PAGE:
The federal Pregnancy Discrimination Act (PDA) outlaws employment discrimination on the basis of pregnancy, childbirth, or related medical conditions. The PDA was passed in 1978, after the Supreme Court issued a decision holding that discrimination against pregnant women was not a violation of Title VII. Because not all women are pregnant, the Court reasoned, treating pregnant employees worse than others was not a form of sex discrimination. Congress immediately responded, in the form of the PDA, to clarify that it intended "sex" to include the fundamental biological difference between the sexes, the ability to bear children.
Who Is Covered
Like other provisions of Title VII, the PDA applies to all private workplaces that have 15 or more employees. It also applies to government employees.
Discrimination Is Prohibited
The PDA specifies that pregnant employees—and those recovering from childbirth, an abortion, or the loss of a pregnancy through miscarriage—who need time off from work must be treated the same as other temporarily disabled employees. For example, a company that allows employees to return to work with full seniority and benefit rights after taking time off for a surgical operation and recovery must similarly reinstate women who take time off because of a pregnancy.
On the flip side, however, pregnant employees aren't entitled to special treatment that isn't extended to temporarily disabled workers. If it is company policy, for example, to suspend seniority rights and benefits for employees who require extended medical leave, those work benefits must also be denied to pregnant workers on leave.
Also, while the PDA bars discrimination based on pregnancy, it does not require an employer to provide a pregnant employee with leave—and does not guarantee job security while a worker is out on leave. (However, the Family and Medical Leave Act may require pregnancy and parental leave, with the right to be reinstated afterward. Some state laws also give employees the right to pregnancy leave. See our Time Off Work articles for more information.)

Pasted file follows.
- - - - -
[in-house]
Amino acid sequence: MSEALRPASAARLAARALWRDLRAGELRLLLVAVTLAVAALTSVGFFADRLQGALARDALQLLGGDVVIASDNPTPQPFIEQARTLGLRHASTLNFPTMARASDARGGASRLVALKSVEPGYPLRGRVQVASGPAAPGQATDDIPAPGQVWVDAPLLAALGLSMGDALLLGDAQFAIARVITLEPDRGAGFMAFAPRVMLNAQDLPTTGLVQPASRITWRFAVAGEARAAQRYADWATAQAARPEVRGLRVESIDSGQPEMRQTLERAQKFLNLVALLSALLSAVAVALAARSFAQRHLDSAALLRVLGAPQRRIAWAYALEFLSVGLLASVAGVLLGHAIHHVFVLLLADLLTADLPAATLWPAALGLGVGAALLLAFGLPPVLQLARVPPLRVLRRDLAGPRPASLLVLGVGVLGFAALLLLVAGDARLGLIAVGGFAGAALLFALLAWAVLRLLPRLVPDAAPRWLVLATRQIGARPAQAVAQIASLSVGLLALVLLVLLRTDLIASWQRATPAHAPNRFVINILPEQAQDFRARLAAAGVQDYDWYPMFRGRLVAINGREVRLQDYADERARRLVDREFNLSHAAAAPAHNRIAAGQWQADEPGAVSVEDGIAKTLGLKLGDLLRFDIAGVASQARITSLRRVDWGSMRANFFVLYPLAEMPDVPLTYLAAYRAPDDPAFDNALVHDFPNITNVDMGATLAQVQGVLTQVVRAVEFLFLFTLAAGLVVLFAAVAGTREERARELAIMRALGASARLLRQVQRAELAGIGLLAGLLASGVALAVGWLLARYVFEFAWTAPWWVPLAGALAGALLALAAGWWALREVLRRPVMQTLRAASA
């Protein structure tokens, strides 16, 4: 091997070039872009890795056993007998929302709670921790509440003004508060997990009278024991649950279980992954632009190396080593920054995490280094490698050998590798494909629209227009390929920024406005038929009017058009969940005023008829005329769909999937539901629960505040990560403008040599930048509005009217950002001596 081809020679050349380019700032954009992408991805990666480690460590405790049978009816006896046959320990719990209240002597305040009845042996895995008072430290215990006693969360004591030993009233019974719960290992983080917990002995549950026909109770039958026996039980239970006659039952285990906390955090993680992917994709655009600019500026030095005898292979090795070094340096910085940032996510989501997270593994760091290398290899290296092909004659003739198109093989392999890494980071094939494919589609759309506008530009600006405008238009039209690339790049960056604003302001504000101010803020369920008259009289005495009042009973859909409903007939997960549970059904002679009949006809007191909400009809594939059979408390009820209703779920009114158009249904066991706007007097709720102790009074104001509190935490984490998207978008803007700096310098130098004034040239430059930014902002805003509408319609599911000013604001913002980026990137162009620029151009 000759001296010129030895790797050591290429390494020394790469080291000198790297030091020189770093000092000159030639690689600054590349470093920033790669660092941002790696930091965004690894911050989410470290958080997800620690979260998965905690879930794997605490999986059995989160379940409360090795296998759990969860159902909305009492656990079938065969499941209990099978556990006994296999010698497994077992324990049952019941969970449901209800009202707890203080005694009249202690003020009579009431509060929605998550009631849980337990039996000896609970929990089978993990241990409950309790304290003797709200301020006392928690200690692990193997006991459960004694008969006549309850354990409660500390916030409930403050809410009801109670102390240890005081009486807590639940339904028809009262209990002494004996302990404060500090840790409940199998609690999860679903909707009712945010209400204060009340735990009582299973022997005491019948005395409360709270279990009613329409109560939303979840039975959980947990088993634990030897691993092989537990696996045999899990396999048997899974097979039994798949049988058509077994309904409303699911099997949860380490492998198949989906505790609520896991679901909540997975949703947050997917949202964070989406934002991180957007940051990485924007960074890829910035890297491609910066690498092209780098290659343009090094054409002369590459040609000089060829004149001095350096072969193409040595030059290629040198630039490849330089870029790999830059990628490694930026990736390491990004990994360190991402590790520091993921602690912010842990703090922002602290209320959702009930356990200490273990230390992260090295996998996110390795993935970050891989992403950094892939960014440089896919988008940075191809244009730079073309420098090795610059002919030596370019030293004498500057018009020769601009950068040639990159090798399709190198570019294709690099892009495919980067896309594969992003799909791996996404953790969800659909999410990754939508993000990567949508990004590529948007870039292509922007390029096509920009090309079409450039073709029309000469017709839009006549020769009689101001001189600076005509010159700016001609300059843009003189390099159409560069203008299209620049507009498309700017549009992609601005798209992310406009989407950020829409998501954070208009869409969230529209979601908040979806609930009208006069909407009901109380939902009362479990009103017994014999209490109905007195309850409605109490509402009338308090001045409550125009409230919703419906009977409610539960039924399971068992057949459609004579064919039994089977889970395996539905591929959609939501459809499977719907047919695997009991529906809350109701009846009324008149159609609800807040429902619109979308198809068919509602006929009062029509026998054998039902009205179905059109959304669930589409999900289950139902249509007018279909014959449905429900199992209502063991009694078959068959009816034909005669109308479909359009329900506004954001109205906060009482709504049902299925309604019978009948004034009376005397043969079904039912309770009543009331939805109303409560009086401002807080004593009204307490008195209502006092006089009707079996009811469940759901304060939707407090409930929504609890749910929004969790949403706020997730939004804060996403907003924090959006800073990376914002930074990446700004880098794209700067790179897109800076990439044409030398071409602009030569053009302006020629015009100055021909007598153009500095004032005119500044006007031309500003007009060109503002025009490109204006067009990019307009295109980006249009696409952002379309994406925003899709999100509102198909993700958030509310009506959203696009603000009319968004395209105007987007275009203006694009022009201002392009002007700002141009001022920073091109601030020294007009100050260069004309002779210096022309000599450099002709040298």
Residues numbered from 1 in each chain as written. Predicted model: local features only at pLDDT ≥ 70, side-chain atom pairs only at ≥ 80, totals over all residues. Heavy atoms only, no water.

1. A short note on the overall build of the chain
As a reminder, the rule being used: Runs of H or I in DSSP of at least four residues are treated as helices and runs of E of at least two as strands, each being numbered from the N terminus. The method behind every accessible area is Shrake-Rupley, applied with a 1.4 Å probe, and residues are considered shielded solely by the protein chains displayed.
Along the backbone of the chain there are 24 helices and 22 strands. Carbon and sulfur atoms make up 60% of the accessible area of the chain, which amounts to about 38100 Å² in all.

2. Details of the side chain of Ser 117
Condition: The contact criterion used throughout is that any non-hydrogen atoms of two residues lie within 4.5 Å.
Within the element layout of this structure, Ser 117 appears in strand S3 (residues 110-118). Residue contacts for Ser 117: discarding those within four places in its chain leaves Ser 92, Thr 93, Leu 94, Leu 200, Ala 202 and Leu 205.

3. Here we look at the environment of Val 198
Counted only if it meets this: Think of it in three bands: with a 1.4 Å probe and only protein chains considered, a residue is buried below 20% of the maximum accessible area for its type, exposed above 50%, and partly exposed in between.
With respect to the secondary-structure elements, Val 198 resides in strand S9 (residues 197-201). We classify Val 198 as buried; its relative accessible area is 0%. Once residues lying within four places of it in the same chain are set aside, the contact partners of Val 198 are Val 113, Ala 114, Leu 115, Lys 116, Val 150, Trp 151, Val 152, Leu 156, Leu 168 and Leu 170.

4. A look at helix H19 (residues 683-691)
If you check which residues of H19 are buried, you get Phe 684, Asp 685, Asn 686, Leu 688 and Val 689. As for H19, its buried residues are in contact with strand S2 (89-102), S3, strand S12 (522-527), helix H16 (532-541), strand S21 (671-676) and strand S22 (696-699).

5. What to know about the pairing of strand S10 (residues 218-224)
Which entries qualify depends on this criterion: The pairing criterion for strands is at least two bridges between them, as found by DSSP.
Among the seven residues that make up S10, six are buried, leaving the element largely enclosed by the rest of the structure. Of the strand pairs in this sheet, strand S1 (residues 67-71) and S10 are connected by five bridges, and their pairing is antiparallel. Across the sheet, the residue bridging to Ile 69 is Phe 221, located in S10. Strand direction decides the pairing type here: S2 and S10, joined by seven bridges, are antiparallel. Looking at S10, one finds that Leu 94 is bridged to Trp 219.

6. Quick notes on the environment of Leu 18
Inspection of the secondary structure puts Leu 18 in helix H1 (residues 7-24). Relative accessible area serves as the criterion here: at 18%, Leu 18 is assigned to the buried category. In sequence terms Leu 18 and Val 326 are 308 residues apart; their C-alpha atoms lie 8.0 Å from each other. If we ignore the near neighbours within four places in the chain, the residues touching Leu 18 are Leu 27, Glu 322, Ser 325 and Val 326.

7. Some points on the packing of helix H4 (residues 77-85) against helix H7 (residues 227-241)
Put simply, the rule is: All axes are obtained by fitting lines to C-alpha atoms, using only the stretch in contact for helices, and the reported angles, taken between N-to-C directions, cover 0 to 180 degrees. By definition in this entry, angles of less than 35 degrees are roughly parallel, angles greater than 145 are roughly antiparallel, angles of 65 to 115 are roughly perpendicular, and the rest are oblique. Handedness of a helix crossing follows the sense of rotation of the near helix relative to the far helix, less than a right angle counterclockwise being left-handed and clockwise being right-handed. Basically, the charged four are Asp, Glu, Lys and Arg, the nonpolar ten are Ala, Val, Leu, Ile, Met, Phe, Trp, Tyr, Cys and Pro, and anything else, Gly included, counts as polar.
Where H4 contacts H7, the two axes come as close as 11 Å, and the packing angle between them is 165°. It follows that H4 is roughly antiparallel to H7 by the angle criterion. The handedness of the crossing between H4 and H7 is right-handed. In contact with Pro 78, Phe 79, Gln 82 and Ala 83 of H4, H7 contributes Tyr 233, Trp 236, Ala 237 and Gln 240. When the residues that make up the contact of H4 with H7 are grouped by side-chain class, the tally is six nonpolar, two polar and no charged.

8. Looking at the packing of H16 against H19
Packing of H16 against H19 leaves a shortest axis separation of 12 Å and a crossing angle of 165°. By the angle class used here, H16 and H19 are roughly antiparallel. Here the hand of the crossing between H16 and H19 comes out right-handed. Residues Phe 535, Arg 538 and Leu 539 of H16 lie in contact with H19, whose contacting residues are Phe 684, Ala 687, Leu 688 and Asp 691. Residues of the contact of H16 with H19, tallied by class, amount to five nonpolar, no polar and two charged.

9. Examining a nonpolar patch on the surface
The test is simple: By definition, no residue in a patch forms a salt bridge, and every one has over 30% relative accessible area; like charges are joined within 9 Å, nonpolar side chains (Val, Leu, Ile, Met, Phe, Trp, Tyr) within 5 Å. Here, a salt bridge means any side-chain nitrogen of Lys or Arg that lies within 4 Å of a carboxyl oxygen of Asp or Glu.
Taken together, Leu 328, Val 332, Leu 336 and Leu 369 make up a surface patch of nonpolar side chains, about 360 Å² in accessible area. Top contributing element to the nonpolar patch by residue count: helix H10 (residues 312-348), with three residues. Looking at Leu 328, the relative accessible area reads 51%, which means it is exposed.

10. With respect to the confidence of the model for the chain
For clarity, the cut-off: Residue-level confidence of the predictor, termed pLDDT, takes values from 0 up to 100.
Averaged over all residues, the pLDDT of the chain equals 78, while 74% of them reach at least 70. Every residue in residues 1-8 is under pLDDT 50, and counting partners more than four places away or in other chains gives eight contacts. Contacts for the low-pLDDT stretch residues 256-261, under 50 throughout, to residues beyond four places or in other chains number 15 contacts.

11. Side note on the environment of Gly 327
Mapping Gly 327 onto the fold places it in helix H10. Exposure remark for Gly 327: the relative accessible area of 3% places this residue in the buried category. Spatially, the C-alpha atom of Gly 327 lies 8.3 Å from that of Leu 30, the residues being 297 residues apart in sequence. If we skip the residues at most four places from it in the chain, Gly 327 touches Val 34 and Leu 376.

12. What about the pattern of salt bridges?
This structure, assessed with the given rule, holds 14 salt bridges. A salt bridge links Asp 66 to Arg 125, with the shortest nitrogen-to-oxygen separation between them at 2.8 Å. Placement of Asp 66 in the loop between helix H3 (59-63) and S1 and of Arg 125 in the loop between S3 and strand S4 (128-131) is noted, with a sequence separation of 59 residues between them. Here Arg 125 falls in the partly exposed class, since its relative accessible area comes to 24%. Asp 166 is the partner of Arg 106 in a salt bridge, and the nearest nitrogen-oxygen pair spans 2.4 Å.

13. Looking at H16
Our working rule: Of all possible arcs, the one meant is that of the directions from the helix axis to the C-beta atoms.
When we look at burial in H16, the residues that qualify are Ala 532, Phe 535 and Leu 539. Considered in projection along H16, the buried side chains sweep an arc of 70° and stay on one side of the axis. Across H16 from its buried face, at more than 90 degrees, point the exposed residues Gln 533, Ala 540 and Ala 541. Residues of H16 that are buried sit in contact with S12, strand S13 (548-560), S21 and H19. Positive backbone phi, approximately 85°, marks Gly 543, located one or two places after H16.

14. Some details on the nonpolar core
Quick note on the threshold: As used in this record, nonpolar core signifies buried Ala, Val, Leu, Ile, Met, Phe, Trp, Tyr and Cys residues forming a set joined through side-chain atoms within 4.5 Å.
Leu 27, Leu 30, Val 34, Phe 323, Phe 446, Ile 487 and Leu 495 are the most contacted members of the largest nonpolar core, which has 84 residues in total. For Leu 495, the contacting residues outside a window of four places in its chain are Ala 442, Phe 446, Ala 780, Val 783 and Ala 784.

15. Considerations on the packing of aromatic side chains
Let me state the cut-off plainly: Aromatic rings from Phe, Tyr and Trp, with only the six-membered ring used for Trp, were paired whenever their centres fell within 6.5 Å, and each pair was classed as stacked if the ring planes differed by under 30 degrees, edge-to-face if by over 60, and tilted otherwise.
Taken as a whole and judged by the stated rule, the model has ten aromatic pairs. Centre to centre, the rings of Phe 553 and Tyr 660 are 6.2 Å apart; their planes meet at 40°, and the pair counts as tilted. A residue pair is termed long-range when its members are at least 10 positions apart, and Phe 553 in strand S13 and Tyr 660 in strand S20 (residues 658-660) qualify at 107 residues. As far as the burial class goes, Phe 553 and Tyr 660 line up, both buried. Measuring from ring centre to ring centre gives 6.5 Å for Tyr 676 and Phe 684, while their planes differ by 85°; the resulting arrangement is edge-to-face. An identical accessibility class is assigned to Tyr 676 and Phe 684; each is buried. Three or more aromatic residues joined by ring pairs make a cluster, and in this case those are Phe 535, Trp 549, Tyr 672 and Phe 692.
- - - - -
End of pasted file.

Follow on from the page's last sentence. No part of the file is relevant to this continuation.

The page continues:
The PDA bars mandatory maternity leaves—and those that are prescribed for a set time and duration. The focus instead is on individual work capabilities. A pregnant woman cannot be required to take a leave from work during her pregnancy as long as she remains able to do her job.
EXAMPLE: Jody’s pregnancy is proceeding without problems, and she has no difficulty performing her job as an office manager. Even though she is a week past her delivery due date according to her doctor’s calculations, her employer cannot force her to take off work in anticipation of labor.
Hiring and Promotion Discrimination
In addition, an employer cannot refuse to hire or promote a woman solely because she is pregnant—or because of stereotyped notions of what work is proper for a pregnant woman to do or not to do.
EXAMPLE: Marsha is the most qualified applicant for a job but is six months pregnant at the time of her job interview. The company cannot choose another applicant simply because it does not want to find a replacement for Marsha when she takes time off to give birth.
The PDA also states that an employer cannot refuse to provide health care insurance benefits that cover pregnancy if it provides such benefits to cover other medical conditions.
EXAMPLE: The Dumont Company provides complete hospitalization insurance to spouses of female employees but has a $500 cap on childbirth coverage for spouses of male employees. This policy is illegal under the PDA.